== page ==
The Bible does not address this particular question. Instead it addresses when the sacrifices were no longer of any value. Christians generally focus on one of these two conditions and ignore the other. The one that most applies to your question is that once Jesus died on the cross the sacrifices no longer held any value to anyone. The Christians continued to go to the temple until they were kicked out (which did not happen in all cases) until such time as the temple was destroyed. The evidence (both historical and biblical) is that they continued to do the animal sacrifices until the destruction of the temple. For instance Paul was requested by James to help pay the expenses of some devotees who were ending their Nazerite vows during his final visit to Jerusalem (Acts 21:20-25). This vow required offering for ending this vow was a large bread offering, a ram, and yearling lambs, one male, one female. Paul agreed to paying this offering for himself and four other men who were ending their vows. Yet Paul's writings make it clear throughout that all of the terms of the law were types and shadows which have their reality in Christ (or more properly translated, in the anointing of the Holy Spirit which is what the word christus means). Once we receive the baptism of the Holy Spirit these sacrifices no longer have any meaning (Col 2:17). There is a text in the Old Testament that says something like anyone who brings a sacrifice to the temple without having repented of his sin is guilty of the blood of that sacrifice. I do not recall the precise wording of this and have not been able to find it for a few years so I don't even remember the right keywords. However, God has called this text to my attention several times in the past when I was studying other matters, and there are other texts which say something very similar though less pointed and forceful. One of these is Ps 51:16, 17. Without the contrite heart the sacrifice of some animal is only bloodshed and God will treat it as such. A proper translation of Lev 17:11, 14 and Dt 12:23 makes it easier to understand why this is such a problem in God's eyes: "The SOUL is in the blood." It i not the life in the blood; the seat of the soul is in the blood and you steal something else's soul by bloodshed. This is a sin, and when you bring the sacrifice to "pay" for a sin in which you plan to continue, you add sin to sin, so that sacrifice is useless to you and actually makes you own considerably more restitution than you owed before bringing that sacrifice. It does not matter if you are "presenting" the blood of a lamb or the blood of Jesus. You take on the guilt for that blood. This applied in the Old Testament and it still applies today, even more so since it is Jesus blood we present to God today. I realize this last discussion does not address when the sacrifices were to stop, but it is perhaps more important to understand when it is proper to bring a sacrifice at all, and especially when the blood we present to God is the blood of Jesus rather than that of some "dumb animal". Improperly presenting His blood is a much greater sin than presenting the blood of that "dumb animal" but scripture tells us the improper presentation of either one brings a blood (soul) guilt upon us.
This is a very important question because there is a lot of confusion regarding different things in the bible that were done away with. Of course the bible is clear about this topic. We must first start with prayer because it is the Holy Spirit that will lead and guide us into all truth (John 16:13). In the book of Genesis this is where we see the first gospel promise. In Genesis 3:15 which talks about "enmity" or hatred that God will place in His people. In Gen 3:21 it says that "...the LORD God make coats of skins, and clothed them." The question would be where did the Lord get the coats of skins from? In the story of Cain and Abel we clearly see where. In Gen 4:4 it says "And Abel, he also brought of the firstlings of his flock and of the fat thereof. And the LORD had respect unto Abel and to his offering." So clearly our Abel understood that Jesus represented that lamb that he brought for a burnt sacrifice and Cain did not. The Lord has respect unto Abel, but not Cain. Why it that? Because we can only be saved through the blood of Jesus Christ. In John 1:29 John aw Jesus and he said "...Behold the Lamb of God, which taketh away the sin of the world." So the lamb represented Jesus, so all this time in the old testament they had what was called the sanctuary, which was built by Moses. It started to show during the says of Adam because the burnt offerings are part of the sanctuary system which shows the "Plan of Redemption". In other words, this was a type or a shadow until the anti-type or Jesus came into the scene because it all pointed to Him. Now let's answer the question: When did it stop? In order to understand this we must understand prophecy. The bible says clearly in Amos 3:7, "Surely the Lord God will do nothing, but he revealeth his secret unto his servants the prophets?' God does nothing until He tells you about it first. There are several examples of this in scripture. Here are just a few: the flood, Sodom and Gomorrha, the children of Israel 400 years, and even the promised Messiah etc... So in the book of Daniel we have a prophecy in Daniel 9, which is the 70 week prophecy. Let's read Daniel 9:24 it says "Seventy weeks are determined upon they people..." In prophecy a day represents a year Numbers 14:34, Ezek 4:6. so when you do the math we have 490 years. Now I will not get into the starting point; verse 25 tells you when this prophecy began. In verse 27 it has the answer of when it stopped. During the 70 week prophecy Jesus, who is the Messiah, started His ministry in 27 A.D., which is also the starting point of the last week in the prophecy. As the verse says in the midst or middle of the last week, "He shall cause the sacrifice and the oblation to cease," which was 31 A.D. Jesus died in 31 A.D. and caused the burnt sacrifice to cease because it pointed to Jesus. This is also why in Matthew 27:51 the veil of the temple was rent in twain. The temple is where they performed the burnt offerings and because Jesus was the lamb and He died, we don't have to offer animals as burnt offerings. In Hebrews 10:4 it reads, "For it is not possible that the blood of bulls and of goats should take away sins." Please read verse 1 of the same chapter. Now were there people still doing it? Yes of course, but when you turn them to Jesus, He will be the one to take away your sin. 2 Cor 3:15-18 I really summarized this and gave an overview, but I hope this will encourage you to continue to study and show thyself approved unto God.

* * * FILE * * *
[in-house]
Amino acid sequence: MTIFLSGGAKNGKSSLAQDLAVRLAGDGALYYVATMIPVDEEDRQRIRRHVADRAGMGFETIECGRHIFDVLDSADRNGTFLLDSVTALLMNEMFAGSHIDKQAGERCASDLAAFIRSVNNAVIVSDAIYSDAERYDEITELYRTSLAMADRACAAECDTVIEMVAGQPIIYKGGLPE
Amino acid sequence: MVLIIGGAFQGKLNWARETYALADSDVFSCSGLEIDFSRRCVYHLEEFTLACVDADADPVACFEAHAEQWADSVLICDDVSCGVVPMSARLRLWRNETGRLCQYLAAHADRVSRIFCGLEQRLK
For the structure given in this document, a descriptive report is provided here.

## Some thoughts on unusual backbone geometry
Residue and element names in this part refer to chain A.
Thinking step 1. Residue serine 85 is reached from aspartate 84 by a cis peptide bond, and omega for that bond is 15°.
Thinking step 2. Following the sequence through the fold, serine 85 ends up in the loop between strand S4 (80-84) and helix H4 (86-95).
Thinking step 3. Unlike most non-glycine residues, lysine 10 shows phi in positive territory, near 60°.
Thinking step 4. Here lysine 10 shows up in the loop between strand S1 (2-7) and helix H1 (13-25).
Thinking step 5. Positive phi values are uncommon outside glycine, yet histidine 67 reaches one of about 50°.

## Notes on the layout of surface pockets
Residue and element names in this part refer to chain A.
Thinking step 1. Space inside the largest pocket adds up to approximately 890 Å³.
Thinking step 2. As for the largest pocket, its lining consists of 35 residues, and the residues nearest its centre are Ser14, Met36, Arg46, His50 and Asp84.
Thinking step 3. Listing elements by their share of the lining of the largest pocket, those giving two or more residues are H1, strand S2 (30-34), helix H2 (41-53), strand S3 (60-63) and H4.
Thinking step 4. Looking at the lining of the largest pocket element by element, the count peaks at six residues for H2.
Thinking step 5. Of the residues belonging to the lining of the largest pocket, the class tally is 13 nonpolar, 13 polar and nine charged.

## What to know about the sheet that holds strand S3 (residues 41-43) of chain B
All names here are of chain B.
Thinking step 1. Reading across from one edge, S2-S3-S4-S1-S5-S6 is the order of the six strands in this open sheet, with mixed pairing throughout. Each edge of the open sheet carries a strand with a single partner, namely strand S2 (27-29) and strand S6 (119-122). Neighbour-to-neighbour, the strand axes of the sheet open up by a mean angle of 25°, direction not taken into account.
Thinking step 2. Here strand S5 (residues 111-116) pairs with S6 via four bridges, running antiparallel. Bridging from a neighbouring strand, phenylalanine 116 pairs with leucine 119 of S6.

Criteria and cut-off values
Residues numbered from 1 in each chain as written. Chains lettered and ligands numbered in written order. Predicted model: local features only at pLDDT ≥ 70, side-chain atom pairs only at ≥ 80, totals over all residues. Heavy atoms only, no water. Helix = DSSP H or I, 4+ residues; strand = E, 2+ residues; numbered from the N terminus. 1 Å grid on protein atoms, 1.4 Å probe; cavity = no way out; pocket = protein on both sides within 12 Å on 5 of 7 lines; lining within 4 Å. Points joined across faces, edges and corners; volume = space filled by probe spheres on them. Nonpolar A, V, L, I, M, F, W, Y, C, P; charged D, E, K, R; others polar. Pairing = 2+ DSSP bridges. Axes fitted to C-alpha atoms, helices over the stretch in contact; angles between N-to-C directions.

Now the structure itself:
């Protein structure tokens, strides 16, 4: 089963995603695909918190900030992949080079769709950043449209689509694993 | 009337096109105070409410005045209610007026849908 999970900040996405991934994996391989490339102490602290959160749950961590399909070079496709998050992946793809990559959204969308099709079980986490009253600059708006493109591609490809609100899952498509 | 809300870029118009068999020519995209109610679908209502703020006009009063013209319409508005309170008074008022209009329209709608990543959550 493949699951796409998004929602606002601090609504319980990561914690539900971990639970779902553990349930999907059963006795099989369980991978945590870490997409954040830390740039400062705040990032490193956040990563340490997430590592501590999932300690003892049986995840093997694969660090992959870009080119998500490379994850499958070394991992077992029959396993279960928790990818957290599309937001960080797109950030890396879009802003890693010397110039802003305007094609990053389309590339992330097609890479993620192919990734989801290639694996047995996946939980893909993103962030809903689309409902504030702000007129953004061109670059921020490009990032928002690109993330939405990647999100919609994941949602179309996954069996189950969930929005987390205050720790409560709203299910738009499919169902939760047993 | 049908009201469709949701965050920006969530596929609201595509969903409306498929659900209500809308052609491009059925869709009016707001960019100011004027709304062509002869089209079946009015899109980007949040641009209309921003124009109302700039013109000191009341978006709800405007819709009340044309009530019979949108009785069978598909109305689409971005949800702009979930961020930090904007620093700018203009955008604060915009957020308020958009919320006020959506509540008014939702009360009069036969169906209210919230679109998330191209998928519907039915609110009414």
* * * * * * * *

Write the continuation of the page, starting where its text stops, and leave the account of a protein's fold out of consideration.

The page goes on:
All answers are REVIEWED and MODERATED.
Please ensure your answer MEETS all our guidelines.
A good answer provides new insight and perspective. Here are guidelines to help facilitate a meaningful learning experience for everyone.